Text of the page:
"Aye," said Otto, "I see her sometimes in my dreams, and her face always shines so bright that I know she is an angel; for brother John has often seen the dear angels, and he tells me that their faces always shine in that way. I saw her the night thy father hurt me so, for I could not sleep and my head felt as though it would break asunder. Then she came and leaned over me and kissed my forehead, and after that I fell asleep."
"But where did she come from, Otto?" said the little girl.
"From paradise, I think," said Otto, with that patient seriousness that he had caught from the monks, and that sat so quaintly upon him.
"So!" said little Pauline; and then, after a pause, "That is why thy mother kissed thee when thy head ached—because she is an angel. When I was sick my mother bade Gretchen carry me to a far part of the house, because I cried and so troubled her. Did thy mother ever strike thee, Otto?"
"Nay," said Otto.
"Mine hath often struck me," said Pauline.
One day little Pauline came bustling into Otto's cell, her head full of the news which she carried. "My father says that thy father is out in the woods somewhere yonder, back of the castle, for Fritz, the swineherd, told my father that last night he had seen a fire in the woods, and that he had crept up to it without anyone knowing. There he had seen the Baron Conrad and six of his men, and that they were eating one of the swine that they had killed and roasted. "Maybe," said she, seating herself upon the edge of Otto's couch; "maybe my father will kill thy father, and they will bring him here and let him lie upon a black bed with bright candles burning around him, as they did my uncle Frederick when he was killed."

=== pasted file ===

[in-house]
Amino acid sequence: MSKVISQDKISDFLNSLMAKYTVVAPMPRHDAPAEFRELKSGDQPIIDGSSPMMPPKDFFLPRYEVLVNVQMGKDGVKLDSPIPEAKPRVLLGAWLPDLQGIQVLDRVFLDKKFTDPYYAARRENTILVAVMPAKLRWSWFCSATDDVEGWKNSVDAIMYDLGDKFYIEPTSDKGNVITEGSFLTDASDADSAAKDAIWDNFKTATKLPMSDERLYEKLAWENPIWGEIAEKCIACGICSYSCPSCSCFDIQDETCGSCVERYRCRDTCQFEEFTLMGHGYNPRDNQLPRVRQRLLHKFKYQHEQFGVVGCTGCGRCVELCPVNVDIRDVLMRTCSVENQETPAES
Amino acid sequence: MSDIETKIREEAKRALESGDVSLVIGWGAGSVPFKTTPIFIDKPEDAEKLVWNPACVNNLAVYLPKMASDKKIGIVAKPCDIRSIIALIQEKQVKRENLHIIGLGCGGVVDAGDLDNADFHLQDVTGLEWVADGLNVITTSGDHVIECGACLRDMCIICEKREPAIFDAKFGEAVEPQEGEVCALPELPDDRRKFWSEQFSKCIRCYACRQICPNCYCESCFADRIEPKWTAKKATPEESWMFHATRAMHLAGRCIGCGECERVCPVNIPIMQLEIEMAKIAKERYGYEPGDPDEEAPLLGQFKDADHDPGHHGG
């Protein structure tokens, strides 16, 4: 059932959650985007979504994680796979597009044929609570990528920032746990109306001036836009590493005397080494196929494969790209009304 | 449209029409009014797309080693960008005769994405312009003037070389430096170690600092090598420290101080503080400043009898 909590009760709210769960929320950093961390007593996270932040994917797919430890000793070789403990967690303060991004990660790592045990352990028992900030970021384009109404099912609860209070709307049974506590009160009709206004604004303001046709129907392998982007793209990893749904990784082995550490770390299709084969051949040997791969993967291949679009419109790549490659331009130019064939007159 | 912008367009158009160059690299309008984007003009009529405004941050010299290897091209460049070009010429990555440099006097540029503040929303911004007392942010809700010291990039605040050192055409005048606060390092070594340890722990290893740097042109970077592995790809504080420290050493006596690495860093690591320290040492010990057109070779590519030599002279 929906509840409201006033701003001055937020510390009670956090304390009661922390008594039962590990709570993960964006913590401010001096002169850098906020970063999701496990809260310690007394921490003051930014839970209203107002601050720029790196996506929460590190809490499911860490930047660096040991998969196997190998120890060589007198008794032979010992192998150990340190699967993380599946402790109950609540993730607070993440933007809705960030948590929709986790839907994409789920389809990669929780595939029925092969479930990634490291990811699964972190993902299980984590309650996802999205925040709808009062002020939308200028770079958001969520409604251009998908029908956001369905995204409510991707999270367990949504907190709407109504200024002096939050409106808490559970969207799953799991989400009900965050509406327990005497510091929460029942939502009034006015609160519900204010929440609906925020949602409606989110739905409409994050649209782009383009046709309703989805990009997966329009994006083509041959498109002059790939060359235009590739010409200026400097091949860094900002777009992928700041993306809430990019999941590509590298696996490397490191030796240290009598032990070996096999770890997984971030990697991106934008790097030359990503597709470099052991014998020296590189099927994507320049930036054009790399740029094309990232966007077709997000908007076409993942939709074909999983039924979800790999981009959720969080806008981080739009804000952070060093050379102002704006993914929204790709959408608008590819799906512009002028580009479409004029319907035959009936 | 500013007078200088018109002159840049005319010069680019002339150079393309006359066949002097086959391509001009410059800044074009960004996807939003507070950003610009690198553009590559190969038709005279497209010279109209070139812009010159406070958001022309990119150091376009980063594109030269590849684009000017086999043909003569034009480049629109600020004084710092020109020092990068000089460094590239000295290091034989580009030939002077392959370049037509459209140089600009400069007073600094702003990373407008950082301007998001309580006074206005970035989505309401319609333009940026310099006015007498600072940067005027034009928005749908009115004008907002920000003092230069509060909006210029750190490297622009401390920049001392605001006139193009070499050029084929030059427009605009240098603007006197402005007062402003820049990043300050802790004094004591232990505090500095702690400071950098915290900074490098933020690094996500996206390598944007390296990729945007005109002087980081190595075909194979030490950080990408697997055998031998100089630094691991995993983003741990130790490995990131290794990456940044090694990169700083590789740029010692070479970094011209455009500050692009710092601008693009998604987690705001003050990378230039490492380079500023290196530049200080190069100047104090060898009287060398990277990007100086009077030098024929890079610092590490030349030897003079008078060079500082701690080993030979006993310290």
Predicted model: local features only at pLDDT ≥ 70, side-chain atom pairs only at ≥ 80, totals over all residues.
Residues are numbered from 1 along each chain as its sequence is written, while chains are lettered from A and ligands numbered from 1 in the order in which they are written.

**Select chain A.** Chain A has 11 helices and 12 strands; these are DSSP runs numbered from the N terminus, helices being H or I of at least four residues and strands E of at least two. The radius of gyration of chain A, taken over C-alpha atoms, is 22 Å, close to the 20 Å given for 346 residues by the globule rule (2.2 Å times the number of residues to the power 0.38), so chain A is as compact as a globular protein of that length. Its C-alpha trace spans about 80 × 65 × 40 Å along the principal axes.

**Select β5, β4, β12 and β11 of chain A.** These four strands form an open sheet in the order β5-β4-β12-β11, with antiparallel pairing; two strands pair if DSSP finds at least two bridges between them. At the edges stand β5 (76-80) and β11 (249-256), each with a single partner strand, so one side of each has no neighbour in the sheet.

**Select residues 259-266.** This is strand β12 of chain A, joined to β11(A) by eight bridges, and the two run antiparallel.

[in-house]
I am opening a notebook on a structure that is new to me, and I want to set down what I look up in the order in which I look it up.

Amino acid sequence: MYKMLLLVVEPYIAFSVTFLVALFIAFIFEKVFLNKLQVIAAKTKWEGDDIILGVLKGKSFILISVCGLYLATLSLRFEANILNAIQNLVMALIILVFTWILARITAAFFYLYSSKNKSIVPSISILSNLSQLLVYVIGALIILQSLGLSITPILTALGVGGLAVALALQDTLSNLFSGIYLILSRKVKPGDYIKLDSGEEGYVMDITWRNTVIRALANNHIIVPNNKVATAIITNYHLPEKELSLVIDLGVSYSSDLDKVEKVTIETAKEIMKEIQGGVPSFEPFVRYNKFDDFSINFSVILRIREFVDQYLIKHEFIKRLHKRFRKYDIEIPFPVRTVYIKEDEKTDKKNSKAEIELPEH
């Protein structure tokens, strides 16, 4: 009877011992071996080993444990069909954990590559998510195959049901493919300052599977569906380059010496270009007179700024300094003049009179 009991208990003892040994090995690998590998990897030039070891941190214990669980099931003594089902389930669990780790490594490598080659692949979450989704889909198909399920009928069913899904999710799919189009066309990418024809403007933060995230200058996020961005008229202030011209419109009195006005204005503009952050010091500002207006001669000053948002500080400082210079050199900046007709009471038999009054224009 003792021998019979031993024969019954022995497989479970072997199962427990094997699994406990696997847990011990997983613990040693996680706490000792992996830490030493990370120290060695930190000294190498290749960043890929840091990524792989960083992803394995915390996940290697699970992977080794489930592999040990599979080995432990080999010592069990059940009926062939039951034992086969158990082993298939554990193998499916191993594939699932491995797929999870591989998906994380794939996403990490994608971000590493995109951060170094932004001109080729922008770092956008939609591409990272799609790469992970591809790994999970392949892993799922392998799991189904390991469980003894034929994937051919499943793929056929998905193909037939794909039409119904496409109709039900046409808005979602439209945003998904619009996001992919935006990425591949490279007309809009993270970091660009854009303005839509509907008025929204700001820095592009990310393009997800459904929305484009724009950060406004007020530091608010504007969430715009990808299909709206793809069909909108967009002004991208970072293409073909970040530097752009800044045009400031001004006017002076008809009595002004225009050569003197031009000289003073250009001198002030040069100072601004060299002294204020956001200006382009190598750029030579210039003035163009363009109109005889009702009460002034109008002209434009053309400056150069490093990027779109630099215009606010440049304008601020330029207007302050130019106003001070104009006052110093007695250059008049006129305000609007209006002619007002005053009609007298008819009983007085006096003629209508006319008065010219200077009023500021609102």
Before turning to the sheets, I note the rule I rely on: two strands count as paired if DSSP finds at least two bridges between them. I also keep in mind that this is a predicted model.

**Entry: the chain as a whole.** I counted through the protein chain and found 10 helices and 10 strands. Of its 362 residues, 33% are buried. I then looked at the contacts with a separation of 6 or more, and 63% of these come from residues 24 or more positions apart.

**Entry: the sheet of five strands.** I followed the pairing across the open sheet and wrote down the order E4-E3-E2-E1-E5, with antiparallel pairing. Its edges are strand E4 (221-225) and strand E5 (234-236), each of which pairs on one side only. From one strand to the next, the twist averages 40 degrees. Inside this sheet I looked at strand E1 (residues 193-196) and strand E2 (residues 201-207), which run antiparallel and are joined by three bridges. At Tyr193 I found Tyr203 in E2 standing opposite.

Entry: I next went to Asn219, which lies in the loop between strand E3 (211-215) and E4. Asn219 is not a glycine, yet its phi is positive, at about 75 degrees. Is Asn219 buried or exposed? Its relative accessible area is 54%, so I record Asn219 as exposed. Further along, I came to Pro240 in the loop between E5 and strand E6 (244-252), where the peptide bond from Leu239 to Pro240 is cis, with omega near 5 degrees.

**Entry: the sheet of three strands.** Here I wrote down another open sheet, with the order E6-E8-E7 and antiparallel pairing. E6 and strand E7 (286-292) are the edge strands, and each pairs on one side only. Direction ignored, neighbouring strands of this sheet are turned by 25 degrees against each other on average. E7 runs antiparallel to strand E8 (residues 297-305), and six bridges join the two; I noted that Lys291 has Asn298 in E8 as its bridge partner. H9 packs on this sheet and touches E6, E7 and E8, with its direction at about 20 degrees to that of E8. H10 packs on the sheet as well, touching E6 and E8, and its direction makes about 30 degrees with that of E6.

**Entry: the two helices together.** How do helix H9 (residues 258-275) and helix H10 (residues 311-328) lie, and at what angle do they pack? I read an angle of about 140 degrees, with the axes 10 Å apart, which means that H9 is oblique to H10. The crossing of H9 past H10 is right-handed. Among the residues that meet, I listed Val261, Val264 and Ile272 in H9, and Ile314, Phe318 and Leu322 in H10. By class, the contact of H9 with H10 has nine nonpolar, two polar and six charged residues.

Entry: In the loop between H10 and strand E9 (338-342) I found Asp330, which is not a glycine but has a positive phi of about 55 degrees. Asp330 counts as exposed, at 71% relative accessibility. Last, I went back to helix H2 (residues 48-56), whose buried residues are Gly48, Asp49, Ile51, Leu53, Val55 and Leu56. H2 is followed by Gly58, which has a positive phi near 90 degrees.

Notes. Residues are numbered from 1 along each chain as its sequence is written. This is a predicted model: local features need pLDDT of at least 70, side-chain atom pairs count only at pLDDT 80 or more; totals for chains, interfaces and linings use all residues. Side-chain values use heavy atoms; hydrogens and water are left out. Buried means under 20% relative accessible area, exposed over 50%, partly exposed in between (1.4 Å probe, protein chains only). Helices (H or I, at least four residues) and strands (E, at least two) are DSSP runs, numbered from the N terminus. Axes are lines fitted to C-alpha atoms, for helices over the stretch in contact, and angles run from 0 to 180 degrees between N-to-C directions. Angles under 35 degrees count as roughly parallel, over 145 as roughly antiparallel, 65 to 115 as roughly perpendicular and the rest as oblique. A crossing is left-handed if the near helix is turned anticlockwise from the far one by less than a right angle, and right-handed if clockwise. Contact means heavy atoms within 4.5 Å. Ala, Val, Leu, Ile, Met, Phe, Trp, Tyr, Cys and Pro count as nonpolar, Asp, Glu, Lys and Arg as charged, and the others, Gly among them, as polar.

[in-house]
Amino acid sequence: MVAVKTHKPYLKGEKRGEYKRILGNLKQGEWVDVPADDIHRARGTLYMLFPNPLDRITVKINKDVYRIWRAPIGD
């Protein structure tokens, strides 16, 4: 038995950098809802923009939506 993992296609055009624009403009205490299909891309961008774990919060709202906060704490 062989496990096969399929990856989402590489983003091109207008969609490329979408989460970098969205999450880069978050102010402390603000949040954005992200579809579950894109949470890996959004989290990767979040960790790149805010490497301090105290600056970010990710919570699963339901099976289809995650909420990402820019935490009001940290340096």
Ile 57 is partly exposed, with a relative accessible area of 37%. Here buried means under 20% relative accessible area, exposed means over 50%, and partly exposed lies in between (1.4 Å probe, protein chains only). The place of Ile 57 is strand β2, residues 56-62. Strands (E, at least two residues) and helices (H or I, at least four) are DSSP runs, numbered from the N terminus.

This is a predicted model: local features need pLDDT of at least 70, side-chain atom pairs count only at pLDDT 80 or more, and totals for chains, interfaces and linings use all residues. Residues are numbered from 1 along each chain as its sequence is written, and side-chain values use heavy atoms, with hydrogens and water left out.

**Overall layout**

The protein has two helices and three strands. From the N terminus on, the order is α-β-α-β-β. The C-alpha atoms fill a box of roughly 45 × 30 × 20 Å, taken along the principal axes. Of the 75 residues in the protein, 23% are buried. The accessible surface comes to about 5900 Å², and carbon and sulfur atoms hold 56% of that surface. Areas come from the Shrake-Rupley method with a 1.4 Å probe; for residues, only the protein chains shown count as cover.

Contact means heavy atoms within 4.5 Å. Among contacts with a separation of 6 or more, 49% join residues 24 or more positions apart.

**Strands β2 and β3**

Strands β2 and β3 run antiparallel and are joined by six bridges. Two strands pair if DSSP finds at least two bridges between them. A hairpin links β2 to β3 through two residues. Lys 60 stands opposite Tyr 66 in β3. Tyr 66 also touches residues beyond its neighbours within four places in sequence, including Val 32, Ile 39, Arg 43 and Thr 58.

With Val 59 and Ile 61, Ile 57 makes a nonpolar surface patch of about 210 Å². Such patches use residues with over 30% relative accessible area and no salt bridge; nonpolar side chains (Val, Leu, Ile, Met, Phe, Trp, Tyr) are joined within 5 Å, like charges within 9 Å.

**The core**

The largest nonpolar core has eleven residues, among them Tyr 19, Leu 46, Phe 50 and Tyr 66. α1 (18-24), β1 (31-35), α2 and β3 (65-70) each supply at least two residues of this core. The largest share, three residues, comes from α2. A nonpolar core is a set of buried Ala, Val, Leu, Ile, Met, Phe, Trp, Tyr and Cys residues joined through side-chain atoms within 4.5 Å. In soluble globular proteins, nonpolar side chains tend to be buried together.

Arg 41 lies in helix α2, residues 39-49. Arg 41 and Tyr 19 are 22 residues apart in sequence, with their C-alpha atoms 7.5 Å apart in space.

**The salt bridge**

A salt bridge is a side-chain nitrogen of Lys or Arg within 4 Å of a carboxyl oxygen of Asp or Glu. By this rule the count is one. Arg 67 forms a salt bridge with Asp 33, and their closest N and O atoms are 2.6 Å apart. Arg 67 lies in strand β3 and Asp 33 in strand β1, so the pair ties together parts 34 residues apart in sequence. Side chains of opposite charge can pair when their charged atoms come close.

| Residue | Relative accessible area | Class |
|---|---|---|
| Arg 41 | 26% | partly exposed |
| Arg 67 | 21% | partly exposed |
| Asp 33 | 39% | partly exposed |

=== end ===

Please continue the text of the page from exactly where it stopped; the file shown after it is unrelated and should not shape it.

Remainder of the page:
"God forbid!" said Otto, and then lay for a while with his hands clasped. "Dost thou love me, Pauline?" said he, after a while.
"Yes," said Pauline, "for thou art a good child, though my father says that thy wits are cracked."
"Mayhap they are," said Otto, simply, "for I have often been told so before. But thou wouldst not see me die, Pauline; wouldst thou?"
"Nay," said Pauline, "I would not see thee die, for then thou couldst tell me no more stories; for they told me that uncle Frederick could not speak because he was dead."
"Then listen, Pauline," said Otto; "if I go not away from here I shall surely die. Every day I grow more sick and the leech cannot cure me." Here he broke down and, turning his face upon the couch, began crying, while little Pauline sat looking seriously at him.
"Why dost thou cry, Otto?" said she, after a while.
"Because," said he, "I am so sick, and I want my father to come and take me away from here."
"But why dost thou want to go away?" said Pauline. "If thy father takes thee away, thou canst not tell me any more stories."
"Yes, I can," said Otto, "for when I grow to be a man I will come again and marry thee, and when thou art my wife I can tell thee all the stories that I know. Dear Pauline, canst thou not tell my father where I am, that he may come here and take me away before I die?"
"Mayhap I could do so," said Pauline, after a little while, "for sometimes I go with Casper Max to see his mother, who nursed me when I was a baby. She is the wife of Fritz, the swineherd, and she will make him tell thy father; for she will do whatever I ask of her, and Fritz will do whatever she bids him do."
"And for my sake, wilt thou tell him, Pauline?" said Otto.
"But see, Otto," said the little girl, "if I tell him, wilt thou promise to come indeed and marry me when thou art grown a man?"
"Yes," said Otto, very seriously, "I will promise."
"Then I will tell thy father where thou art," said she.
"But thou wilt do it without the Baron Henry knowing, wilt thou not, Pauline?"
"Yes," said she, "for if my father and my mother knew that I did such a thing, they would strike me, mayhap send me to my bed alone in the dark."